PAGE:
Why Local History is Important

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Sometimes I wonder why I spend so much time researching local history. I enjoy doing the research, but does it really matter? Does our local historical society have a role to play in Portsmouth culture? I am going to share some of my personal struggles with these questions.

Does local history matter? When I was a college history major there was a new wave of interest. Historians had been placing a great deal of emphasis on political and economic history. Wars, explorations, nation building, etc. had been the dominating topics for historians. In the 1960s there began to be more interest in social history, how people actually lived. This is what interested me. What was daily life like in families, in the workplace, in the schools, in local organizations? These are the topics that a local historian and local history museum can share with our town.

Does our local historical society have a role to play in Portsmouth culture? Some people may see the collection of the historical society as “grandma’s attic.” I see it as a touch stone to the past. As a historian I value “primary sources” – the photos, documents, diaries, maps and objects that were created at a past time. A local history collection is meant to visually illustrate the past. What did people wear? What tools did they use? How did they cook? The objects lead us to a story and those stories from the past help us to understand our common heritage as people of Portsmouth. Our horse drawn hearse, for example, led us to stories about the town coroner and his role in town. As we tried to understand its ornamentation, it lead us to research how people mourned in the past. As people we have so much in common with those our ancestors. We struggle with the same core human issues. These stories can actually unite us in a time when there is much that divides us.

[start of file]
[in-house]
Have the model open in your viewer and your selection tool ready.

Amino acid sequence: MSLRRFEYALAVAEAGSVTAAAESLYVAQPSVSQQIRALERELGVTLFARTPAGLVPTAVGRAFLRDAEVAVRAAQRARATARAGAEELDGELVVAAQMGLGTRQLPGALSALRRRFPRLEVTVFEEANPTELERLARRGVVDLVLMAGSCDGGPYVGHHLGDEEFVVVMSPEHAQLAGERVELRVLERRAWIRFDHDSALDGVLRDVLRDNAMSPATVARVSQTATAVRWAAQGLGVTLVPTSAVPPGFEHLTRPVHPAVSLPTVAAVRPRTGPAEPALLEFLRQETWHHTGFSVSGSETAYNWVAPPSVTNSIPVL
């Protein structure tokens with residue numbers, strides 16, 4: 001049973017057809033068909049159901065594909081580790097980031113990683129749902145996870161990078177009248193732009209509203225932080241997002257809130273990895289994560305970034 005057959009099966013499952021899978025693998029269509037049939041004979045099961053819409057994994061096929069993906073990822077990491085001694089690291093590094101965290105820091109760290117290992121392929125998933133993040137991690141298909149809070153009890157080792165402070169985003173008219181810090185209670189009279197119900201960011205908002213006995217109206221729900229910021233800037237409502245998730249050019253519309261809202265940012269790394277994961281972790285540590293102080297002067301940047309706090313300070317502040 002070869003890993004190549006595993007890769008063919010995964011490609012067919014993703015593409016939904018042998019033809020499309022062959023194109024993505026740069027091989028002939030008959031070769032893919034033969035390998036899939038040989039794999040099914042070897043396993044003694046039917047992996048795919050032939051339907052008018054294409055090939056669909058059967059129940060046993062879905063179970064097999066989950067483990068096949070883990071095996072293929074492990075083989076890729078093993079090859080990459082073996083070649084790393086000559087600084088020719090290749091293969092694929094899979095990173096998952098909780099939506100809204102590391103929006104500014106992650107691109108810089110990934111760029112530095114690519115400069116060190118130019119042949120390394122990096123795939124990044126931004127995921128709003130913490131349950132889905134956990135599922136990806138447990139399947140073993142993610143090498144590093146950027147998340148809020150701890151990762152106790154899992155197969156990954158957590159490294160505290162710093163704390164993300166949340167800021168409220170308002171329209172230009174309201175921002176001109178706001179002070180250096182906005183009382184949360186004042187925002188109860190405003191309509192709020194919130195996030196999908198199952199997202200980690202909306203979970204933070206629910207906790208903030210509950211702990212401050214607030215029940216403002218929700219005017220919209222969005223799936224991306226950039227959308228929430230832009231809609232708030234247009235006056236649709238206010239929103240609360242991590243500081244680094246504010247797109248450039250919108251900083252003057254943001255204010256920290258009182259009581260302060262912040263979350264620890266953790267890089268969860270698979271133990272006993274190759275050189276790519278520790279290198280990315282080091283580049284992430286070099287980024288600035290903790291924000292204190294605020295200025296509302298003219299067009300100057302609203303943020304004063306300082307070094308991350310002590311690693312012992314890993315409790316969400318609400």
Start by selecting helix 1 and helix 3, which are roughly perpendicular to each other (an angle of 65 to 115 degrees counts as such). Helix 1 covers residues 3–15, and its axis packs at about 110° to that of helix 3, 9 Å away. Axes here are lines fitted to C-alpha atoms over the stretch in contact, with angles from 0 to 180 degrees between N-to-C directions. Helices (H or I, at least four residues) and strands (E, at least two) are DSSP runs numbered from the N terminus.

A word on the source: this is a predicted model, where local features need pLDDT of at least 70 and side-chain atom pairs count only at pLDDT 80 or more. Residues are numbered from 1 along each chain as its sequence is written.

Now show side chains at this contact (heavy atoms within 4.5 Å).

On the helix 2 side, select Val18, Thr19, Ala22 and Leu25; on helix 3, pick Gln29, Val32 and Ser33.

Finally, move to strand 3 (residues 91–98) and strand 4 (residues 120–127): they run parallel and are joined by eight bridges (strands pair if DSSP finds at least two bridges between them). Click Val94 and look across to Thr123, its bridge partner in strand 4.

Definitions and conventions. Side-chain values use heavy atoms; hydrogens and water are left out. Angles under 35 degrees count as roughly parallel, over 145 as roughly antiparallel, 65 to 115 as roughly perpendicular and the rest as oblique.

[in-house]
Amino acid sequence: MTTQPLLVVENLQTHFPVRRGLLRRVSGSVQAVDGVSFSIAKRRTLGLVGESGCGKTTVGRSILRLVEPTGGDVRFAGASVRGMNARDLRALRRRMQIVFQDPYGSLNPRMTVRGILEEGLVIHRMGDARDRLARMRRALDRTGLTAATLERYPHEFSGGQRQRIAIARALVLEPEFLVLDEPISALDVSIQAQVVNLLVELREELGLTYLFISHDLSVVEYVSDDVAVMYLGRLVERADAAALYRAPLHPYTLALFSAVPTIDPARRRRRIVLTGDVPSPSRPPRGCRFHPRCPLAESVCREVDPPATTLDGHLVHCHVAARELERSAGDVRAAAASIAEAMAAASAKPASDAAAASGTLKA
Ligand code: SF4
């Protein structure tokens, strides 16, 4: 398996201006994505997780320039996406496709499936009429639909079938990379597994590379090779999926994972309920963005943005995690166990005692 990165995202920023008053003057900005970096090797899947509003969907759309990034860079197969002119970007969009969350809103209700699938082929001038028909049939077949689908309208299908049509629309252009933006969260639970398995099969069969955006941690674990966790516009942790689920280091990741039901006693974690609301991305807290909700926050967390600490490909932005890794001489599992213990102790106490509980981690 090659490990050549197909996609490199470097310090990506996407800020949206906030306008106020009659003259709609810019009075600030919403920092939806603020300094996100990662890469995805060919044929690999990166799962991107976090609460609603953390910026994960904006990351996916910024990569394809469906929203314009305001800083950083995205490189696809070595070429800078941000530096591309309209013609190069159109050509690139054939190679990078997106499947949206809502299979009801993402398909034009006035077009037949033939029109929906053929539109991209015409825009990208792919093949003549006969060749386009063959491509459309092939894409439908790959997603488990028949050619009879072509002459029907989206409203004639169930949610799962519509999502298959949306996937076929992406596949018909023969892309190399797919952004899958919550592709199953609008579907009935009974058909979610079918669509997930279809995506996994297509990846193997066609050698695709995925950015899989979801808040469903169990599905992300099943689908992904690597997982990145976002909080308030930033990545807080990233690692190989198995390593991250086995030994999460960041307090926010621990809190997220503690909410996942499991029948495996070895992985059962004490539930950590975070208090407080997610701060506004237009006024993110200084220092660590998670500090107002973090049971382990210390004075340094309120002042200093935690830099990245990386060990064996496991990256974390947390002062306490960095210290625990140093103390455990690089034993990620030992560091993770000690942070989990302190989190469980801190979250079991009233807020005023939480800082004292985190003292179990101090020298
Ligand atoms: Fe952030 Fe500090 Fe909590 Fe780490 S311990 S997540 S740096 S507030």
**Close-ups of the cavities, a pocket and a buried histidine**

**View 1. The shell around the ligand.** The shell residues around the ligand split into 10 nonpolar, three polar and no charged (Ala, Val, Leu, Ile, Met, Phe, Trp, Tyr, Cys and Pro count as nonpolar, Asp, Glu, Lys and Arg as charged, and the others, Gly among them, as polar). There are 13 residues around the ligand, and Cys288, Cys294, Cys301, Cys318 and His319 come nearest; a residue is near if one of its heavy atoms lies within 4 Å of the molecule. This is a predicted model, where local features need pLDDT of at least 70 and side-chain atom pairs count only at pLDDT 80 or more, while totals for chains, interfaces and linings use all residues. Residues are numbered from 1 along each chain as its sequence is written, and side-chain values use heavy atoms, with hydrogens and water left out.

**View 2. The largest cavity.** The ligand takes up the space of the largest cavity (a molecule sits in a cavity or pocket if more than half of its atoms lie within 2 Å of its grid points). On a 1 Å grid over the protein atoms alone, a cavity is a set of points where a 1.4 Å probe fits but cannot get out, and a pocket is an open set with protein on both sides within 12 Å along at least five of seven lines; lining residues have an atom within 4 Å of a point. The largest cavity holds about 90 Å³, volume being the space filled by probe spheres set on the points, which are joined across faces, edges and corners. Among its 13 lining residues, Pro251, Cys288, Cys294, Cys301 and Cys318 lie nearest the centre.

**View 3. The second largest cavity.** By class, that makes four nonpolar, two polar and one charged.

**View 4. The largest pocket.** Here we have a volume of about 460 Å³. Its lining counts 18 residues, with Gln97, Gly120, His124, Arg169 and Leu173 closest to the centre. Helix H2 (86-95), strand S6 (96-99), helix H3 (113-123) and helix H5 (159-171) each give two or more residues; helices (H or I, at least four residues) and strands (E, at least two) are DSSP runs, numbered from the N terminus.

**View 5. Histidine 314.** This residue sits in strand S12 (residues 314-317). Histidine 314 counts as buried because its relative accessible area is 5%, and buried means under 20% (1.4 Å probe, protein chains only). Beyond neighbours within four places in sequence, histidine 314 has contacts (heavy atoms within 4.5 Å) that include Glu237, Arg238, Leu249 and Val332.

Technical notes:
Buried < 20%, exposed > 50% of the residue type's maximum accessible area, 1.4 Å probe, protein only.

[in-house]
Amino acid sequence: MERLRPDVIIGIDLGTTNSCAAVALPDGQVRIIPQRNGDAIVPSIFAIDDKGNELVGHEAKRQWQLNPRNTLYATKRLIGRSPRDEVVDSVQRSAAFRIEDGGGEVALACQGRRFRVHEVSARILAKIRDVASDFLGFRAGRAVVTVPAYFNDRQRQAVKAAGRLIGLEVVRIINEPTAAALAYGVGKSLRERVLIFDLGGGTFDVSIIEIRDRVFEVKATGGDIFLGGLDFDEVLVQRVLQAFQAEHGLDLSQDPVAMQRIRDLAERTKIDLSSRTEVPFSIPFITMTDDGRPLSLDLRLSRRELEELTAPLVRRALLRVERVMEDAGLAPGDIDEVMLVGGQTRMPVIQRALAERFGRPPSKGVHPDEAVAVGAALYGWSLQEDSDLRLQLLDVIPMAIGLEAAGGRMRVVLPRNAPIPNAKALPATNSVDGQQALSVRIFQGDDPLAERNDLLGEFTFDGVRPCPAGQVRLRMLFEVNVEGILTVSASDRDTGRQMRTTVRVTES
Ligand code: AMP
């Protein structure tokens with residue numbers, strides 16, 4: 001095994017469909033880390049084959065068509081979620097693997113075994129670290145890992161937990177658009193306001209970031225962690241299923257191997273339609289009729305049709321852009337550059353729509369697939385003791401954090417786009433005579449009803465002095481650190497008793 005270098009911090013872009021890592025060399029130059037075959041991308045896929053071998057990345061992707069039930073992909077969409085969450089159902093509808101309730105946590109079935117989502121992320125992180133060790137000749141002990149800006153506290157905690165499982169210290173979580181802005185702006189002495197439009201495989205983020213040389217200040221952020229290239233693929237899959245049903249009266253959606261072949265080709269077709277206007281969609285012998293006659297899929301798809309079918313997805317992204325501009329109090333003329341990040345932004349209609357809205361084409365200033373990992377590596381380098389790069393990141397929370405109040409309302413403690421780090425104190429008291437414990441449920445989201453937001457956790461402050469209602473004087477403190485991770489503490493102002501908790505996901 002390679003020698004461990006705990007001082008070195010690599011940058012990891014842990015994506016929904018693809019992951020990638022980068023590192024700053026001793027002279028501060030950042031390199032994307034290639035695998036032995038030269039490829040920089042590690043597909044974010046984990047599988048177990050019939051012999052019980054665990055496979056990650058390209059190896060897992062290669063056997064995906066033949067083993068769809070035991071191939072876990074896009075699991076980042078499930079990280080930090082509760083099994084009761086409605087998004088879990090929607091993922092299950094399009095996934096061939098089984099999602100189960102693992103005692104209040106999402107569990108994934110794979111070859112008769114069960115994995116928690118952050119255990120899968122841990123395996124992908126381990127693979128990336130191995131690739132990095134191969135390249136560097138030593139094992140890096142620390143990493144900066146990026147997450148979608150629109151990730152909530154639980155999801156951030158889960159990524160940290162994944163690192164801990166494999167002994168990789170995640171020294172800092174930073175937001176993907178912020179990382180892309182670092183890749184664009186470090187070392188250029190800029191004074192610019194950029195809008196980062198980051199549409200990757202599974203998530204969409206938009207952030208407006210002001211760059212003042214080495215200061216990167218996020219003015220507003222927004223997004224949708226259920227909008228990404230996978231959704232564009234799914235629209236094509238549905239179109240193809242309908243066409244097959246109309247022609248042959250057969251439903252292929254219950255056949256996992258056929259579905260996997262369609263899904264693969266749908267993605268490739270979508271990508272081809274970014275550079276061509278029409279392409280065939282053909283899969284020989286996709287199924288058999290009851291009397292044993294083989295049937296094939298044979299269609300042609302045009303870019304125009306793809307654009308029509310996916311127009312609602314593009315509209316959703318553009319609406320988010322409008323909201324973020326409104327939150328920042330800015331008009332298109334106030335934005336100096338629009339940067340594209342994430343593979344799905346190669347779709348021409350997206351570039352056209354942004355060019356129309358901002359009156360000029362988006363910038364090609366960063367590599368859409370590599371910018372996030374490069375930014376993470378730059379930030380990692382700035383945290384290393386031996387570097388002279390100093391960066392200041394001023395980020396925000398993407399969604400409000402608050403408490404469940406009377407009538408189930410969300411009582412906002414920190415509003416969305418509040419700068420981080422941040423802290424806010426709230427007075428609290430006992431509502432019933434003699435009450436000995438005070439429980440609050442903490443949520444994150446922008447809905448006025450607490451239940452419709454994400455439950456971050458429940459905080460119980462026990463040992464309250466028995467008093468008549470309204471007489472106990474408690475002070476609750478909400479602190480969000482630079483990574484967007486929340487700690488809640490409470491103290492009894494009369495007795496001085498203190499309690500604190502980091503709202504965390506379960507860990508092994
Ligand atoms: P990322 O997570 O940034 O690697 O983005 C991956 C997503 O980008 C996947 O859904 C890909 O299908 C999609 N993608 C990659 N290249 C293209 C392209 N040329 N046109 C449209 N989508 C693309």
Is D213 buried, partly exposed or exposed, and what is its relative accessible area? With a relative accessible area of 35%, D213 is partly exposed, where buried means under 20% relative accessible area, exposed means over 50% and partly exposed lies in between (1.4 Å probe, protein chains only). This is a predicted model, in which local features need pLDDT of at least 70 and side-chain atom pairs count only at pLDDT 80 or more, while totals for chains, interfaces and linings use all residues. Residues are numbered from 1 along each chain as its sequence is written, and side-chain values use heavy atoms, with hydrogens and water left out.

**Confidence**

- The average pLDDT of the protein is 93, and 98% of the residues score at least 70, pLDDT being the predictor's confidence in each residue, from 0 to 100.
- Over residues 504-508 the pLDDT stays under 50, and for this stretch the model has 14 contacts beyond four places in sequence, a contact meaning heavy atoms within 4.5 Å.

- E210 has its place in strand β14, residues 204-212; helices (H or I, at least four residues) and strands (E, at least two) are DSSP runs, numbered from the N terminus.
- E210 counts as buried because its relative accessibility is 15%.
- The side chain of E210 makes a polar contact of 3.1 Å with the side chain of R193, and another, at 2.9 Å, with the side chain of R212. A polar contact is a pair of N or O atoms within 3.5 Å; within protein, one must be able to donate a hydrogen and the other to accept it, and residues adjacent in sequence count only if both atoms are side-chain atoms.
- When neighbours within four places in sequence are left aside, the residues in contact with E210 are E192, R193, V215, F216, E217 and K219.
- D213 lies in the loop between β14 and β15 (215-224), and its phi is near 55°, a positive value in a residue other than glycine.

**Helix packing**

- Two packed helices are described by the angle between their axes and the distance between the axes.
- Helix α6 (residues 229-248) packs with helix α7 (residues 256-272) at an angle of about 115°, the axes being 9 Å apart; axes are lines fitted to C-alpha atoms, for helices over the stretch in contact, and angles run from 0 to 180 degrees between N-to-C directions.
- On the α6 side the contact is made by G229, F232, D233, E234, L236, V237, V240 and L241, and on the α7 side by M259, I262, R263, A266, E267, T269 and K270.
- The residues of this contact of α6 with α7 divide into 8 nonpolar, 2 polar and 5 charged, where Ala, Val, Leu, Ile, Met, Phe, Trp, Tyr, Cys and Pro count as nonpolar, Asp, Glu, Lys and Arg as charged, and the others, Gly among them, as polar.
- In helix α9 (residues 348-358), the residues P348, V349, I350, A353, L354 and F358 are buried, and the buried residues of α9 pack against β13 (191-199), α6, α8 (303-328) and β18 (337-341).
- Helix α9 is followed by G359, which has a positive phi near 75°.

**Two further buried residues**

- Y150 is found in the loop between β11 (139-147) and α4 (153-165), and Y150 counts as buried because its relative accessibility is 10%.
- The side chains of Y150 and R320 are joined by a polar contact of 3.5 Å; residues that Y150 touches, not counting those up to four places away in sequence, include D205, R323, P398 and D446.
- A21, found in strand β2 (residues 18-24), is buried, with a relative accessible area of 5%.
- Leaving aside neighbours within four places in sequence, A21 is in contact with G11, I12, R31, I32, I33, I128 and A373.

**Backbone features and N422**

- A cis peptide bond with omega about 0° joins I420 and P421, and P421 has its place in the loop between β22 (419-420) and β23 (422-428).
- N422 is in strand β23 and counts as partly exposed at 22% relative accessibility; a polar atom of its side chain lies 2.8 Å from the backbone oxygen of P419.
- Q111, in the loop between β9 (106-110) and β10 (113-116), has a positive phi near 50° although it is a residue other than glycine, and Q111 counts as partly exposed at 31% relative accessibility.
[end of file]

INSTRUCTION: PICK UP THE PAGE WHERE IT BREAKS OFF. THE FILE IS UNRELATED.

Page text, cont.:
So why am I struggling with these questions? I always wonder about how I spend my time so that will be a continuing question for me. I struggle with the questions about the historical museum because I hear too many voices who don’t value what a small town history collection can provide for a town. Perhaps I am too old fashioned – just like the history collection that inspires me as a local historian.

Cordelia Holman Lawrence’s Sketchbook: Portsmouth Art 1865


Items in the Portsmouth Historical Society collection lead us to uncover stories about our past. A few years ago Portsmouth Historical Society curator, Nancy Crawford, discovered a sketchbook while we were doing an inventory. The members of the curator’s committee enjoyed the brightly colored sketches and I was asked to scan the images so we might use them in the future. I am researching the arts in Portsmouth for a display next year and I thought of those sketches. Who was the artist? What is her story?